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Nebmaier v. Josephine County

United States District Court, D. Oregon, Medford Division

July 27, 2018

WOLFGANG NEBMAIER, Plaintiff,
v.
JOSEPHINE COUNTY, Defendant.

          OPINION & ORDER

          MICHAEL MCSHANE UNITED STATES DISTRICT JUDGE.

         This matter comes before the Court on Plaintiff Wolfgang Nebmaier's Application for Leave to Proceed in forma pauperis (“IFP”), ECF No. 2. For the reasons discussed below, Plaintiff's IFP petition is GRANTED, but the Complaint, ECF No. 1, is DISMISSED with prejudice and without service upon Defendant Josephine County.

         LEGAL STANDARD

         Generally, all parties instituting any civil action in United States District Court must pay a statutory filing fee. 28 U.S.C. § 1914(a). However, the federal IFP statute, 28 U.S.C. § 1915(a)(1), provides indigent litigants an opportunity for meaningful access to federal courts despite their inability to pay the costs and fees associated with that access. To authorize a litigant to proceed IFP, a court must make two determinations. First, a court must determine whether the litigant is unable to pay the costs of commencing the action. 28 U.S.C. § 1915(a)(1). Second, it must assess whether the action is frivolous, malicious, fails to state a claim upon which relief may be granted, or seeks monetary relief from a defendant who is immune to such relief. 28 U.S.C. § 1915(e)(2)(B).

         In regard to the second of these determinations, district courts have the power under 28 U.S.C. § 1915(e)(2)(B) to screen complaints even before service of the complaint on the defendants, and must dismiss a complaint if it fails to state a claim. Courts apply the same standard under 28 U.S.C. § 1915(e)(2)(B) as when addressing a motion to dismiss under Federal Rule of Civil Procedure 12(b)(6). Watison v. Carter, 668 F.3d 1108, 1112 (9th Cir. 2012). To survive a motion to dismiss under the federal pleading standards, the complaint must include a short and plain statement of the claim and “contain sufficient factual matter, accepted as true, to ‘state a claim for relief that is plausible on its face.'” Ashcroft v. Iqbal, 556 U.S. 662, 678 (2009) (quoting Bell Atl. Corp. v. Twombly, 550 U.S. 544, 570 (2007)). “A claim has facial plausibility when the plaintiff pleads factual content that allows the court to draw the reasonable inference that the defendant is liable for the misconduct alleged. The plausibility standard . . . asks for more than a sheer possibility that a defendant has acted unlawfully.” Id. The court is not required to accept legal conclusions, unsupported by alleged facts, as true. Id.

         Pro se pleadings are held to less stringent standards than pleadings by attorneys. Haines v. Kerner, 404 U.S. 519, 520-21 (1972). That is, the court should construe pleadings by pro se plaintiffs liberally and afford the plaintiffs the benefit of any doubt. Karim-Panahi v. Los Angeles Police Dep't, 839 F.2d 621, 623 (9th Cir. 1988). Additionally, a pro se litigant is entitled to notice of the deficiencies in the complaint and the opportunity to amend, unless the complaint's deficiencies cannot be cured by amendment. Id.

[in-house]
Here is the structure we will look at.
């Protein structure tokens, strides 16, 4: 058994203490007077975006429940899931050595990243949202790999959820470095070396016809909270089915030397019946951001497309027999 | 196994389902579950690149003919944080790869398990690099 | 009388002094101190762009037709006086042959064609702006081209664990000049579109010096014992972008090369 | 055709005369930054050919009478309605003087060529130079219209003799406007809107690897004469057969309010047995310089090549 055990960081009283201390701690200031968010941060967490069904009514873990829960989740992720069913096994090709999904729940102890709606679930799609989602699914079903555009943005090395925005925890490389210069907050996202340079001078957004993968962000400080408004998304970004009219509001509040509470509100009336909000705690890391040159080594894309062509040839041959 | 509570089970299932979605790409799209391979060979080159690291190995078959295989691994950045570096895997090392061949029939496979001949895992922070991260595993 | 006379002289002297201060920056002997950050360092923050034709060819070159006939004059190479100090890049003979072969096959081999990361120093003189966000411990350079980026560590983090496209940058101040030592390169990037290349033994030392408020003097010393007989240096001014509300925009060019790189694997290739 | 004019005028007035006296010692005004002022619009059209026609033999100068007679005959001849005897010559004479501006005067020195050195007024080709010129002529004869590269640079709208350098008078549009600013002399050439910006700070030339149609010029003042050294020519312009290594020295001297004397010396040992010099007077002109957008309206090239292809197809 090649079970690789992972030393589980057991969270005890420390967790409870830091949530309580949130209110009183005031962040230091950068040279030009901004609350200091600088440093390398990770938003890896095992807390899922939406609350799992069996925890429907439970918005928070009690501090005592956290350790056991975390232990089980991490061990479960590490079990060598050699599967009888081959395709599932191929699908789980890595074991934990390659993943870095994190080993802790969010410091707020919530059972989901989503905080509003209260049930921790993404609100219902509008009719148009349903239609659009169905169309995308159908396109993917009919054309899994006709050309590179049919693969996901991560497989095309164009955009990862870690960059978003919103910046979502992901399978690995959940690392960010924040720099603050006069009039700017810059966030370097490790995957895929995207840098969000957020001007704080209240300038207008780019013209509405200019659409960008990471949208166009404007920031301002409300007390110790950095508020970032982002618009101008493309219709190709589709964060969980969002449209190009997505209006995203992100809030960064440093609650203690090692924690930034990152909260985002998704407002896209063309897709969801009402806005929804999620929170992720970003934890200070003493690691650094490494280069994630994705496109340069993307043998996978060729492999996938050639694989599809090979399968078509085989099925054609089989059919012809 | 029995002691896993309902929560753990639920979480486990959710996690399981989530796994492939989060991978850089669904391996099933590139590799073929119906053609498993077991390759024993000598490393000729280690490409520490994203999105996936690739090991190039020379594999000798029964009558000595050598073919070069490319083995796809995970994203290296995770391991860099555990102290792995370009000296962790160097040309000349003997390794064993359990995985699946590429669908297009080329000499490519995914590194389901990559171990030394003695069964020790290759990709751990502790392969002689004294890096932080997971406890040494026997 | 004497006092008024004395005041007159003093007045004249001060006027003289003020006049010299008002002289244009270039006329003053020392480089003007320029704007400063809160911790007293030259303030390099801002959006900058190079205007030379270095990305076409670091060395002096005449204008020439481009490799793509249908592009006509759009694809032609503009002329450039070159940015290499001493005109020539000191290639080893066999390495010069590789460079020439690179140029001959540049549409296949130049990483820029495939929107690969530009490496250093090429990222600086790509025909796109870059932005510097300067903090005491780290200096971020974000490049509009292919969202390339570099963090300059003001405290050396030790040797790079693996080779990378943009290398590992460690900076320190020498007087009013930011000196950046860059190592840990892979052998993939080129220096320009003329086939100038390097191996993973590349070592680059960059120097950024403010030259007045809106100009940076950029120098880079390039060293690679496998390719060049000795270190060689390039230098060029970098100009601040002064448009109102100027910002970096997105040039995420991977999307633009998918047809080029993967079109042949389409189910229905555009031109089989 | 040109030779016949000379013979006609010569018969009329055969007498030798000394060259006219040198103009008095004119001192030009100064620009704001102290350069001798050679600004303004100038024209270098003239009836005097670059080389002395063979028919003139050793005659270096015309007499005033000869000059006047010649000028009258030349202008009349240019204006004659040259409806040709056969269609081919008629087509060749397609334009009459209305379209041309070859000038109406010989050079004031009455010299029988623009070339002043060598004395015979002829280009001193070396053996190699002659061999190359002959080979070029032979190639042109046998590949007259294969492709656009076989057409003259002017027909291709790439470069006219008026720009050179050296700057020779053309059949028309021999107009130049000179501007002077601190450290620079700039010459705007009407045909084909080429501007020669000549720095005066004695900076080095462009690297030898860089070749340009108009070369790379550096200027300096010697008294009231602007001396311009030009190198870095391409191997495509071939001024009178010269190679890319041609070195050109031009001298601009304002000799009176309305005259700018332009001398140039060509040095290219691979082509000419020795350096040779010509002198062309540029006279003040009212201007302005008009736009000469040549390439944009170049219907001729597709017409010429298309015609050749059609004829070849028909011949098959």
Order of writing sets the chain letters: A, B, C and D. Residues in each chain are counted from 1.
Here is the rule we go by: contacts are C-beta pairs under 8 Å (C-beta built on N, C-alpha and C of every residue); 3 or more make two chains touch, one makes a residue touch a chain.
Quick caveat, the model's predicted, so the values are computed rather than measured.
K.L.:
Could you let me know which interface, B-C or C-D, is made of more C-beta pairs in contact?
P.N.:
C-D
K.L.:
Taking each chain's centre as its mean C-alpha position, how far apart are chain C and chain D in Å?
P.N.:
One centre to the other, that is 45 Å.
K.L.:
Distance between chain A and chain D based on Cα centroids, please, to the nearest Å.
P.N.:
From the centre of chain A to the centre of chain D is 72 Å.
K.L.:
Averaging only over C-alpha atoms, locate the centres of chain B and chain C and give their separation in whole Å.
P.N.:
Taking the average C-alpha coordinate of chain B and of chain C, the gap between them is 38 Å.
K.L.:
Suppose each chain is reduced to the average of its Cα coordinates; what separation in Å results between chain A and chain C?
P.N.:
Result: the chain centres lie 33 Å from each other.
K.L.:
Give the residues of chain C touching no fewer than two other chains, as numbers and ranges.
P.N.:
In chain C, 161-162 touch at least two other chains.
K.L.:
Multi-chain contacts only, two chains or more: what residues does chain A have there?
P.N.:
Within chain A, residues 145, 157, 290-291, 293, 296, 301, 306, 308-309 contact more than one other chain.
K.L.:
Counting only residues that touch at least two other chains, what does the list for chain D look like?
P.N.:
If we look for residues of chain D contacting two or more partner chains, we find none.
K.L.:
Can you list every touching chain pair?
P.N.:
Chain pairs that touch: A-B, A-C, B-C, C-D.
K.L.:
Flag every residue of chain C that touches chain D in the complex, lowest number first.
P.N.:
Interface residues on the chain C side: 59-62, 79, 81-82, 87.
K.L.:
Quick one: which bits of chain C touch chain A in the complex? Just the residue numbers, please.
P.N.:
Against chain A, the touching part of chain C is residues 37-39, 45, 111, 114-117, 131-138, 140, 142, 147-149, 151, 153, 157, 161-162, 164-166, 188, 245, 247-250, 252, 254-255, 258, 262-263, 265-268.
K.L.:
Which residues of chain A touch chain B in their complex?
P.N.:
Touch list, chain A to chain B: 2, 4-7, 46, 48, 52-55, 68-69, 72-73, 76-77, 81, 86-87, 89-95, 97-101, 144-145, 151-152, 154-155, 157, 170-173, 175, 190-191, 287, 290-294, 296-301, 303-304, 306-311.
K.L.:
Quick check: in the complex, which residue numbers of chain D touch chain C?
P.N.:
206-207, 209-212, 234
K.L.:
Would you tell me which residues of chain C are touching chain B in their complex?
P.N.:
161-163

DISCUSSION

         Plaintiff Nebmaier lives near the proposed site of a gravel pit. Nebmaier is opposed to the development of the gravel pit, which he believes will cause disruptive traffic and noise, as well as air and water pollution. Nebmaier unsuccessfully objected to the development of the gravel pit when the issue was under consideration with the Josephine County Board of Commissioners and Nebmaier alleges that the Oregon Land Use Board of Appeals (“LUBA”) has affirmed the County's decision to permit development of the gravel pit.

         For purposes of this federal action, Nebmaier asserts a claim under 7 U.S.C. § 301, part of the Morrill Act of 1862, [1] which provides:

There is granted to the several States, for the purposes hereinafter mentioned in this subchapter, an amount of public land, to be apportioned to each State a quantity equal to thirty thousand acres for each Senator and Representative in Congress to which the States are respectively entitled by the apportionment under the census of 1860: Provided, That no mineral lands shall be selected or purchased under the provisions of said sections.

         7 U.S.C. § 301.

         Lands granted through the 1862 Morrill Act were to be surveyed and sold and the proceeds used to support the establishment and maintenance of state colleges and universities “for the benefit of agriculture and the mechanic arts.” 7 U.S.C. §§ 302, 304; McNee v. Donahue, 142 U.S. 587, 590 (1892).

         Nebmaier asserts that the land on which the proposed gravel pit is to be situated was originally sold as part of the land grant process under the 1862 Morrill Act and that the prohibition against mineral lands being selected or purchased in the granting process operates prospectively by forbidding any subsequent mineral extraction by the private purchasers of the land. Nebmaier seeks declaratory and injunctive relief preventing the property at issue from being developed as a gravel pit.

         Nebmaier may only bring suit if Congress has provided a private right of action by which an individual may seek to enforce these statutory provisions. “Like substantive federal law itself, private rights of action to enforce federal law must be created by Congress.” Alexander v. Sandoval, 532 U.S. 275, 286 (2001). “The ability to bring a private right of action may be authorized by the explicit statutory text or, in some ...


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